Mehta on Turandot
By John Ardoin

Conductor Zubin Mehta.Zubin Mehta, the former music director of the New York Philharmonic, has been a man long in love with opera. He has conducted performances at the Metropolitan Opera and Italy’s La Scala. For GREAT PERFORMANCES Online, Mr. Mehta discussed how this latest production of “Turandot” came into being.

 How did this production happen?

 Well, it was a dream of mine for a long time to do “Turandot” in China, even though I knew that people like [Conductor Herbert] von Karajan and [director Franco] Zeffirelli had been turned down by the government in the 1970s. To me, this made it even more of a challenge. During my visits to China with both the Israel Philharmonic and the Vienna Philharmonic in 1994 and 1996, I kept on talking with the Minister of Culture there about performing “Turandot” in China, and at one meeting he finally said “Yes. We trust you, and you are Asiatic. Do it!” I wanted to do it with Zhang Yimou, a well-known Chinese film director, and I invited him first to Florence in 1997 to do “Turandot” as a regular stage production. He and his immensely talented team of costume and set designers and choreographers — all in their late twenties — came and did a sumptuous production. We got acquainted with one another, and he got acquainted with opera, which he had never done before. Although he knew all about Chinese theatrical traditions, which is so important in “Turandot,” he didn’t know about fitting chorus movements with music, for example, and he was very humbled about it and anxious to learn. By the time we got to China, he really knew the opera — what he could and could not do.


 What you had in effect, however, were two completely different productions.

 Yes, because in Beijing there was no set. We used the real, 15th-century Ming pavilion in the Forbidden City, the former home of China’s ruling dynasties. In addition, Zhang added two smaller pavilions that were built on rails and moved, and he used them deftly. He employed the chorus like a Greek Chorus, because the architecture of the pavilion restricted movements. What he did with the space available to him was miraculous.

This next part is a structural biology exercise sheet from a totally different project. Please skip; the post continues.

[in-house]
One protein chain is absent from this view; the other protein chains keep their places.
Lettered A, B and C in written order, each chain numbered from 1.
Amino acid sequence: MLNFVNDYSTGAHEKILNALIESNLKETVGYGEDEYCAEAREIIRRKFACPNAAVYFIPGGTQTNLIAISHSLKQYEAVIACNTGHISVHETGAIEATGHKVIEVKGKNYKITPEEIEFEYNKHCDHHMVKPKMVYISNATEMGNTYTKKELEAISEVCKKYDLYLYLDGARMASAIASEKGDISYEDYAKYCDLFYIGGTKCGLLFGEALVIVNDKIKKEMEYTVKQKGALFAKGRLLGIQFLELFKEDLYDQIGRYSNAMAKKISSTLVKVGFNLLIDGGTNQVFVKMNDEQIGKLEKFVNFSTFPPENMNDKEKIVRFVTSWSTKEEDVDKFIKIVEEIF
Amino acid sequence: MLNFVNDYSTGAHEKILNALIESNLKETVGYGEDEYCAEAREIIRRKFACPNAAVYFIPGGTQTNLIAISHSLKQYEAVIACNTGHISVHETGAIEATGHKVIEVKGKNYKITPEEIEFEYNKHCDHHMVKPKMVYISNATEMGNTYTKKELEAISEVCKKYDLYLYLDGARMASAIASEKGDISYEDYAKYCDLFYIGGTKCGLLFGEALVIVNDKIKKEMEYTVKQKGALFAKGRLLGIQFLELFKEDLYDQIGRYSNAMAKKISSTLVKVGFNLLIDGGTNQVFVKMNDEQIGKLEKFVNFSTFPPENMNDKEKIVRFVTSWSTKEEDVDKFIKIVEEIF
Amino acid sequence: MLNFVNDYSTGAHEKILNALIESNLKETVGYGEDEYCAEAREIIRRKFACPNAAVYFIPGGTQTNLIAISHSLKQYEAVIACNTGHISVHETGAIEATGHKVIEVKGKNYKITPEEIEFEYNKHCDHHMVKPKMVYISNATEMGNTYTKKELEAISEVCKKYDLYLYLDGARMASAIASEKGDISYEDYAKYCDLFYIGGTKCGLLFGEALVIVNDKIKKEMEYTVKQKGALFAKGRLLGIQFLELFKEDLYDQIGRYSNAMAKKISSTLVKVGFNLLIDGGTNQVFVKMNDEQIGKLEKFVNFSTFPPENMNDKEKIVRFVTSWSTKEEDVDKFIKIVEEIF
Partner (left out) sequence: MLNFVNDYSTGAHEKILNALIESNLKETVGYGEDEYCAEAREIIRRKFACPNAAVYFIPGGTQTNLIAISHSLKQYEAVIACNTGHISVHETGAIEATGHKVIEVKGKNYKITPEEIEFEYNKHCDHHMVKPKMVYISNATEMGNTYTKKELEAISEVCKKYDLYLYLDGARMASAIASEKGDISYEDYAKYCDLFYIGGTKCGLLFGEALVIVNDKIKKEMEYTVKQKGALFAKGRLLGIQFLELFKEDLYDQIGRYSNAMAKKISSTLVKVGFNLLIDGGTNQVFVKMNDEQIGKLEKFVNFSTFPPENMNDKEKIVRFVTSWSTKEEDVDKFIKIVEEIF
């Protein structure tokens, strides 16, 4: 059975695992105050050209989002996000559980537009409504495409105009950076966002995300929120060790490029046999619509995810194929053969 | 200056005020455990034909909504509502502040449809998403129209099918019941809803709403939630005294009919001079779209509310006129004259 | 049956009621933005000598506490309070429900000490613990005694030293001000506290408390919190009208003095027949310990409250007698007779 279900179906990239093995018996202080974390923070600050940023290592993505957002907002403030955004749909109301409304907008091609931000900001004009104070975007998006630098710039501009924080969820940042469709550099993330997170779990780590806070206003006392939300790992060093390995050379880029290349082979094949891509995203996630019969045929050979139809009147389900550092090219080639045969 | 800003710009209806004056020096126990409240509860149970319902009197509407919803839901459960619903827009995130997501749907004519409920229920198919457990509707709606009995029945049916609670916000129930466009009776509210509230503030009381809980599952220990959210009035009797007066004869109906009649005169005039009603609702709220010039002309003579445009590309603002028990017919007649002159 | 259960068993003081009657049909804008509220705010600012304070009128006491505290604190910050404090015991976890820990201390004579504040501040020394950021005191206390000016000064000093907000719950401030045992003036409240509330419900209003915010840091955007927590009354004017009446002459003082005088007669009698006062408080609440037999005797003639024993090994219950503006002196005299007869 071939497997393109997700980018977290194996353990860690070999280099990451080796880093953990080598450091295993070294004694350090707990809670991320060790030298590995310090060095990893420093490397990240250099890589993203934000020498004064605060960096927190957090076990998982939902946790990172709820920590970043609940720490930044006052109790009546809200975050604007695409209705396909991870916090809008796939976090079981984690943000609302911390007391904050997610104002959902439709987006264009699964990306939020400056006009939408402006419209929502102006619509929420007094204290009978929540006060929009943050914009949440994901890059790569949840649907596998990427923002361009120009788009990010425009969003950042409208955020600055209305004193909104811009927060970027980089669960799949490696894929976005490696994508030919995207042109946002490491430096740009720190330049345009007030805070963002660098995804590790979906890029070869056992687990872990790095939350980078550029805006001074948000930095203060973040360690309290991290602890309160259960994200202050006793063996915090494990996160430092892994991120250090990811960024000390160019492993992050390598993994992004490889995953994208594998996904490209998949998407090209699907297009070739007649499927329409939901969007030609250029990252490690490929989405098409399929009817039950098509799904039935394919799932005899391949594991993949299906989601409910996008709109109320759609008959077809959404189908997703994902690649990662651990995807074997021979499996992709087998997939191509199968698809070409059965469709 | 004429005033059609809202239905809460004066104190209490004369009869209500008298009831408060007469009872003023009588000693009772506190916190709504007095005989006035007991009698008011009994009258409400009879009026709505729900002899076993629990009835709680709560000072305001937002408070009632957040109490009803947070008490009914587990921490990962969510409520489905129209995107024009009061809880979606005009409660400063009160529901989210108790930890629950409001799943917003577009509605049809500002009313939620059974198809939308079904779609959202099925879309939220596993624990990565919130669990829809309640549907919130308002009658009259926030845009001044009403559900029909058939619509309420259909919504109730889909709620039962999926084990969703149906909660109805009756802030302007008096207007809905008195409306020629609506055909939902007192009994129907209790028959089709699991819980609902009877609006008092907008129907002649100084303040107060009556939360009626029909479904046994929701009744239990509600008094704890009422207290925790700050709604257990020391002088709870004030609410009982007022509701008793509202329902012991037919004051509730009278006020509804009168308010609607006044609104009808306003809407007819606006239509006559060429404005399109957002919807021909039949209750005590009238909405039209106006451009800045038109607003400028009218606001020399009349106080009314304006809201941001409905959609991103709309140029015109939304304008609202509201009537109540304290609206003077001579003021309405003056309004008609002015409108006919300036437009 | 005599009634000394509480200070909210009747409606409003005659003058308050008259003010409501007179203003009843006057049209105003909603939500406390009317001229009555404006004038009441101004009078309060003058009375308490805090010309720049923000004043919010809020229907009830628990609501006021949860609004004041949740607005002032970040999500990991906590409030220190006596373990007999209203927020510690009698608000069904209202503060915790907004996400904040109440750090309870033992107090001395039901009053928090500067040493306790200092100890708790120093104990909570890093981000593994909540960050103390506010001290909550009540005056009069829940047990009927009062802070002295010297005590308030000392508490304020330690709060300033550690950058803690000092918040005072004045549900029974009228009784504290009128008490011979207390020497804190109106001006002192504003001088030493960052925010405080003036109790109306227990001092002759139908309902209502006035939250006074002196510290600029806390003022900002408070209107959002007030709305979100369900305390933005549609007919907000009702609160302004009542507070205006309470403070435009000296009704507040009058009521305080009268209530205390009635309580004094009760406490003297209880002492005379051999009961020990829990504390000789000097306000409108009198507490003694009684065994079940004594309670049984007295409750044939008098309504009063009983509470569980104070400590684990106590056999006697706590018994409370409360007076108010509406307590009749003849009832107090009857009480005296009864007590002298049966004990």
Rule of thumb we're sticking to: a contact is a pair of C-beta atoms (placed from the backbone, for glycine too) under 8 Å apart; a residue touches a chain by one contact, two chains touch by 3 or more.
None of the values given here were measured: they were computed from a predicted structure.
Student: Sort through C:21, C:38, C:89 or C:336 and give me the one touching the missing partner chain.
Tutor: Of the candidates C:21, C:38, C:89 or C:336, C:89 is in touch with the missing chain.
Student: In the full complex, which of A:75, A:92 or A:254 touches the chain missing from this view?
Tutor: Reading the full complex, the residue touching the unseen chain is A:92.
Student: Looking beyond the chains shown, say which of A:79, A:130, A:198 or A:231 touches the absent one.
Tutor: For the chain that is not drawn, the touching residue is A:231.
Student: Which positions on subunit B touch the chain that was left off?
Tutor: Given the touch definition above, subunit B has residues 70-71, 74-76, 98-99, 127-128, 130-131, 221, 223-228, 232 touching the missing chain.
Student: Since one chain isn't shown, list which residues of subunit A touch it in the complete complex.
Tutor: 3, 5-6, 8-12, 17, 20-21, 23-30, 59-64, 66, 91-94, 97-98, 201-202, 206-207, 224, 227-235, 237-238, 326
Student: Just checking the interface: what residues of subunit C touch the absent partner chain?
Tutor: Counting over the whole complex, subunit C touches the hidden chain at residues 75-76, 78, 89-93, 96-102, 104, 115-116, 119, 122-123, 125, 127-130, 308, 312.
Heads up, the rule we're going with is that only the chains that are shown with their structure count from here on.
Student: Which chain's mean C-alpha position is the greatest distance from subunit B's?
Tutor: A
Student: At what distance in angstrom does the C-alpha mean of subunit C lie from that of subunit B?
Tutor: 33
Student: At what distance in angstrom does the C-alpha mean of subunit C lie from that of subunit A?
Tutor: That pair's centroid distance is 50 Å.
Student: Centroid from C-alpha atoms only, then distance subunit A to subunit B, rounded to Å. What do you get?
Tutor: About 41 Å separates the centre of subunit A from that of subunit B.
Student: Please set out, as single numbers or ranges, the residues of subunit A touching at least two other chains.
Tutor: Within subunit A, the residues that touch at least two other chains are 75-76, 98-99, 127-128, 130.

Didn’t he also have to make new costumes?

 That’s true.  The elaborate costumes for Florence wouldn’t have worked in Beijing, because the pavilion is 100 percent Ming style, and the costumes had to be of that period to harmonize with the building. In Florence, there had been more of a mix and we used many elements from classic Chinese opera.


 You had two different casts as well, didn’t you?

 No, actually it was three different casts because we had performances every three days, and these are difficult roles. So each cast sang three times during the nine performances we gave.  


 Has “Turandot” long been a part of your repertory?

 Yes, but I’ve not done too many of them. I did it first at the Metropolitan Opera with Birgit Nilsson and then in Rome — both in the 1960s.


 Since leaving the podium of the New York Philharmonic, is it fair to say this freed you to return to your old love — opera?

 That’s certainly true, and the day after I finished “Turandot” in Beijing, I started my new job as music director of the Bavarian State Opera in Munich. I am now very busy there, because the company, like Vienna, does a lot of repertory.


 What are the special rewards in conducting opera as opposed to symphonic concerts?

 Although nothing can take away my love for symphonic music, I have always enjoyed opera and wanted to do more of it. For me, it is a complete theatrical experience. It’s not just accompanying singers in arias.
“Turandot” originally premiered in 1926.Opera composers were extremely savvy when it came to creating musical drama, and this must be uppermost in your approach.


 What were the particular challenges presented by your “Turandot” performance in China?

 The first was that the singers were nearly twice as far from me as they would have been in a normal opera house. That was something I couldn’t change. The Chinese were so concerned that we not harm one single architectural detail in the Forbidden City that we had no choice but to stay within the confines we had. To get the ensemble right, we did six rehearsals of the whole opera — two with each cast — so we finally got used to the distances involved. Another problem was miking the production for the audience, as the performances, of course, were outdoors, and open-air sound is usually quite dry.


  Did the Florence orchestra and chorus go with you to Beijing?

 Yes, they did. This was advantageous because the opera was well-rehearsed from our performances in Italy the year before. In fact, I think the orchestra practically knew it by heart.


 Was it well-received?

 Oh, yes. We had sold-out audiences for all nine performances, that’s 36,000 people — 4,000 at each performance. There were a lot of foreigners paying high prices — don’t forget, this production cost about $15 million — but mostly the audiences were Chinese. It made the Chinese very proud that they were part of such a first class production. And, of course, they could easily identify with the opera because Puccini used several authentic Chinese melodies in his score. Every child in China knows them. I think in the beginning they took this Western view of ancient China with a grain of salt, but once they got used to the conventions involved and the style, they thoroughly enjoyed it. As for me, it’s an understatement if I tell you it was the experience of a lifetime.